The Rice Hillel held an event recently where they brought in several IDF soldiers to talk about their diverse experiences and backgrounds. In response, the Rice Left walked out in the middle of their event. I wasn't sure how I felt about the event itself when I first read about it in my college's announcements email. I thought it was weird to have soldiers talk to us all the way in the U.S., and it seemed fishy as a political and politicized event, but I couldn't pinpoint exactly what is so wrong with it.
After reading the Rice Thresher article about the event and walkout, I reflected on the issue of systemic violence and realized what the problem is: individual IDF soldiers' experiences and stories cannot account for state-sanctioned systemic violence.
Recall all the Black lives we lost and continue to lose due to state brutality in the U.S., for example in cases where police officers are the killers. Would it suffice for communities to meet and greet several police officers and have the officers talk about how they are pro-communities and anti-violence? No, because the problem is not that individual officers are "bad apples." Instead, the problem is that the justice system itself is inherently unjust and the violence is sanctioned by the state, not because of individual impulses of individual police officers.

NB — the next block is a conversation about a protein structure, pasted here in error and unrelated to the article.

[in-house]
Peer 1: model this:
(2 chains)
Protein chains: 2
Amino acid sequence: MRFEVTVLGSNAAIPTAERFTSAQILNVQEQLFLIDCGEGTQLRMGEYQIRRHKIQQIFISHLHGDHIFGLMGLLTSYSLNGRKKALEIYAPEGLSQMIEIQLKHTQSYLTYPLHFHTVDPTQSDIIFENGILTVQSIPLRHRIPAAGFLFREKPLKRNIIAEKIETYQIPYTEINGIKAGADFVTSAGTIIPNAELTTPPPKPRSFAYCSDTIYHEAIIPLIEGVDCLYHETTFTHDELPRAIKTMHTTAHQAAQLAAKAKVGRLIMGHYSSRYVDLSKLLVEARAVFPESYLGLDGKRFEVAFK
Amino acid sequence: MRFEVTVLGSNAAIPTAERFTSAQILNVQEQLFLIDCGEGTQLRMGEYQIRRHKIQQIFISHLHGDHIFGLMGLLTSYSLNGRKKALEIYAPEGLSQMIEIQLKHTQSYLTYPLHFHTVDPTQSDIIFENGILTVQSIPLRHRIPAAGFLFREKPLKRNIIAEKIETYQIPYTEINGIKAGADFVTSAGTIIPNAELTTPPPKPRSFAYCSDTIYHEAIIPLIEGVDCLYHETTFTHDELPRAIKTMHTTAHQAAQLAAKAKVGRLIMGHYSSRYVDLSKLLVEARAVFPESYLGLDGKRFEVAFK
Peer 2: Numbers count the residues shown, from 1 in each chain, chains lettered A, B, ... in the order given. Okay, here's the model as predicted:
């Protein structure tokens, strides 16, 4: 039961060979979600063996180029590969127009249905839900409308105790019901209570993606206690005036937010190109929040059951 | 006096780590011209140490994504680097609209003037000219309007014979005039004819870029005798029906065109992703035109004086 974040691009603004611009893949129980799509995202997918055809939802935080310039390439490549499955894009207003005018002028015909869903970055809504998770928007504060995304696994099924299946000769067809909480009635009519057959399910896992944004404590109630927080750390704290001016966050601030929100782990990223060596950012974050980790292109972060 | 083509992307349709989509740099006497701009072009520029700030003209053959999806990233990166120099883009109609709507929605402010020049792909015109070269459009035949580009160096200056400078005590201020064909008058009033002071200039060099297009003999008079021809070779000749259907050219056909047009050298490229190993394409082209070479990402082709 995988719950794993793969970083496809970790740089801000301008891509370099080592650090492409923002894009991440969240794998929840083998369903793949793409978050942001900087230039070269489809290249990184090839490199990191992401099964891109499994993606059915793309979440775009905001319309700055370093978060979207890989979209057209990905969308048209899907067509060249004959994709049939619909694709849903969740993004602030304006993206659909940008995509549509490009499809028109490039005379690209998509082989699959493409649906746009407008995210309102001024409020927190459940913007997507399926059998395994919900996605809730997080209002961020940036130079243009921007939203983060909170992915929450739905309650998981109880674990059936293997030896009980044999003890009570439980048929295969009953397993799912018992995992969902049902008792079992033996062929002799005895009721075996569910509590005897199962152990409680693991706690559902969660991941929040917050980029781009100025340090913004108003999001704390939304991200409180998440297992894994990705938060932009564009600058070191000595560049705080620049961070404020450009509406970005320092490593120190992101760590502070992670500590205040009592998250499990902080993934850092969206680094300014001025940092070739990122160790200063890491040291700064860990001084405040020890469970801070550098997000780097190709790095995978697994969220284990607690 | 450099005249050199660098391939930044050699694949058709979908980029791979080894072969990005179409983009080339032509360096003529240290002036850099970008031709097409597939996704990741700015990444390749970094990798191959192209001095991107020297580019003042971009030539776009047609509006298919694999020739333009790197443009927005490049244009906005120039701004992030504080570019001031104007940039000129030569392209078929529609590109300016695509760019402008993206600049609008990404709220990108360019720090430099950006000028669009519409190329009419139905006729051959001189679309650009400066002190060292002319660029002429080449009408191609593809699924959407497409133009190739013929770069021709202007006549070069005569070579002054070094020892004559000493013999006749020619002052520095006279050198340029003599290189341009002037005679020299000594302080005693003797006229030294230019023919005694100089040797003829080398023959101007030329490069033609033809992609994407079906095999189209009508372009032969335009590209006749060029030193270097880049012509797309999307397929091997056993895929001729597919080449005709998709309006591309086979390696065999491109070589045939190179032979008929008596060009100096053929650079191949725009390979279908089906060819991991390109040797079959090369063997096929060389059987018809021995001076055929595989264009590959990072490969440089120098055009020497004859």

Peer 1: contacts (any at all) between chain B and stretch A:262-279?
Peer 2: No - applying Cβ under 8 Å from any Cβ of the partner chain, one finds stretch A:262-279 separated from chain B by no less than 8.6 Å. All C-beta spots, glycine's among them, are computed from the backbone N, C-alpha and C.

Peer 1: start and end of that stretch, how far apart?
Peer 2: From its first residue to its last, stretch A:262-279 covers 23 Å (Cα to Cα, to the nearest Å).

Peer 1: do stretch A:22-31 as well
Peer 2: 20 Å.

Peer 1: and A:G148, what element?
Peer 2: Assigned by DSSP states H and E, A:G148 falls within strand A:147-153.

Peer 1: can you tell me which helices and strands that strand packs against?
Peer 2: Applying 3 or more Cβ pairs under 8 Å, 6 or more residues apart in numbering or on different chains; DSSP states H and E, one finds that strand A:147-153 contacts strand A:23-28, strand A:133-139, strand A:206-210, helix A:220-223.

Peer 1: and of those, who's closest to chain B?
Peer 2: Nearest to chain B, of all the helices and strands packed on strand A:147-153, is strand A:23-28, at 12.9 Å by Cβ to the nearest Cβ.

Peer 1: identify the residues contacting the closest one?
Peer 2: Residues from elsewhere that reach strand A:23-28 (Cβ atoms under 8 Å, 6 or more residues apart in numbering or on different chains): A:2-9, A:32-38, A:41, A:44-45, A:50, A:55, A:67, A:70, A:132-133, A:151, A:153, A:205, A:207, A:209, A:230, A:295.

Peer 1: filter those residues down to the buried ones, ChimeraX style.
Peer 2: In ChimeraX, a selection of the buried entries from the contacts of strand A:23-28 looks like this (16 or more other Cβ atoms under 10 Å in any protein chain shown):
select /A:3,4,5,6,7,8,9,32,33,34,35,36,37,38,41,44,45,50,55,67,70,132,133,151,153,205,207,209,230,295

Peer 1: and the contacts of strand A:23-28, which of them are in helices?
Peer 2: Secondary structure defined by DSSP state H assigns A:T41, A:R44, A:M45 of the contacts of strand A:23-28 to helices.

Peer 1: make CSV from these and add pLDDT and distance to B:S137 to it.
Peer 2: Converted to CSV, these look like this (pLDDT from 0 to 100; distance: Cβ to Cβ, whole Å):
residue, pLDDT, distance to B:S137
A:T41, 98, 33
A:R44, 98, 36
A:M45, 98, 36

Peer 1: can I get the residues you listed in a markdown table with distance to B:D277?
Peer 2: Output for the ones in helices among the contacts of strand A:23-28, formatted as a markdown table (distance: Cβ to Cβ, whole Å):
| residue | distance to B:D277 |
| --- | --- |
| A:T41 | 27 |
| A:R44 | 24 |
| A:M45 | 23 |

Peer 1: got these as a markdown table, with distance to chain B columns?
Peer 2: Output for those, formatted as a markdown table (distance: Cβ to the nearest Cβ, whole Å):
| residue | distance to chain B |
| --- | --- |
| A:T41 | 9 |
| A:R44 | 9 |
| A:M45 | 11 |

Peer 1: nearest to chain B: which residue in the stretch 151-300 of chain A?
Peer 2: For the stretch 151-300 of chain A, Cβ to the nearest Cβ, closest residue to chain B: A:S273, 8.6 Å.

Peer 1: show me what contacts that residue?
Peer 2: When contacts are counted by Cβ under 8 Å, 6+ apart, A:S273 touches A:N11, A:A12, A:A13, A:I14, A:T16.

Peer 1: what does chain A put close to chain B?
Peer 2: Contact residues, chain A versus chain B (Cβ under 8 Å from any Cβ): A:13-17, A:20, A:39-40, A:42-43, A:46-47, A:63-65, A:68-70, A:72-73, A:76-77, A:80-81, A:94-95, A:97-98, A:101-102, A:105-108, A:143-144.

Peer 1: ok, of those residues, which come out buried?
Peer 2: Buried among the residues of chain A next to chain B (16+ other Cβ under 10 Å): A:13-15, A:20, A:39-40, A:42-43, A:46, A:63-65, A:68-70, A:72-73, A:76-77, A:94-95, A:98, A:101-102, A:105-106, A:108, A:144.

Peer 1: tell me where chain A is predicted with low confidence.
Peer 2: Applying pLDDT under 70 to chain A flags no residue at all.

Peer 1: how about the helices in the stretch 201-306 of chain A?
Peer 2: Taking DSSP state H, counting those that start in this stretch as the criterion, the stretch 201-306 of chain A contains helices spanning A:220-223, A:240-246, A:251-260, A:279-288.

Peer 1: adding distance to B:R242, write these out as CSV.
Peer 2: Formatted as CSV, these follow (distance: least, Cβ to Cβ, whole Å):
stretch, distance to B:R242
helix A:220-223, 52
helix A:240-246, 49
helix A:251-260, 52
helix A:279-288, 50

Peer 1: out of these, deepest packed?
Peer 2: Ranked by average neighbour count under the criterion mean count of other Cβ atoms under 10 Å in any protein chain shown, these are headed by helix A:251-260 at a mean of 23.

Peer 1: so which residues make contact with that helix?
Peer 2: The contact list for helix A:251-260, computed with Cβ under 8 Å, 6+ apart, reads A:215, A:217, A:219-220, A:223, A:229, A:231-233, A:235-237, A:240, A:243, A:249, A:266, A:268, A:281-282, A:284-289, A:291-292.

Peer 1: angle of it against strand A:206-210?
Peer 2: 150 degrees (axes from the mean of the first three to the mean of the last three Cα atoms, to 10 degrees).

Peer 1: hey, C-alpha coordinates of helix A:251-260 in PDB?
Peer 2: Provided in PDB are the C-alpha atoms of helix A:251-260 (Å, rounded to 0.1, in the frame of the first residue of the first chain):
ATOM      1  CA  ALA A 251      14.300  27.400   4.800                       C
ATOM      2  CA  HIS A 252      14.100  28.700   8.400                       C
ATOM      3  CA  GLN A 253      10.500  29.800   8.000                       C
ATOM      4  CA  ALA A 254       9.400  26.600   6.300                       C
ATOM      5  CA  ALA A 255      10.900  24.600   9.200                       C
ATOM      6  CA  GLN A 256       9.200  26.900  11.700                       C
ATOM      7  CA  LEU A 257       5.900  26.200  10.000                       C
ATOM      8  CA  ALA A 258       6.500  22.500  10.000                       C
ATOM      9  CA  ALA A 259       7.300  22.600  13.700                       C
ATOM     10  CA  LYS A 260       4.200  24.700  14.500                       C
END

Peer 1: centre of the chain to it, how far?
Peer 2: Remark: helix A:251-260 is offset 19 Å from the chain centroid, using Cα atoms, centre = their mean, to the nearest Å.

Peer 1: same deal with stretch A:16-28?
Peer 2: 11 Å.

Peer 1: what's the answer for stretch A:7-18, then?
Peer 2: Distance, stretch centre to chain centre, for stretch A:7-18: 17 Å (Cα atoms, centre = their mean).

Similarly, hearing from individual IDF soldiers who profess their love for peace and their solidarity with their Muslim, Christian, Jewish comrades does not address the problem of Israel's systemic violence against Palestinians. This is not to say that Palestinians are all innocent and do not commit harm. What I do mean to say is that Israel's systemic violence against Palestinians who do not have a state is a bigger problem than the straw-man problem of individual IDF soldiers being depicted in a bad light. Israel has the capacity and therefore has committed more violence overall, killing way more Palestinians than the other way around.
We should promote dialogue and peace, but if the dialogue is happening at the wrong place with the wrong people directing at the wrong problem, we are just distracted from the real problem.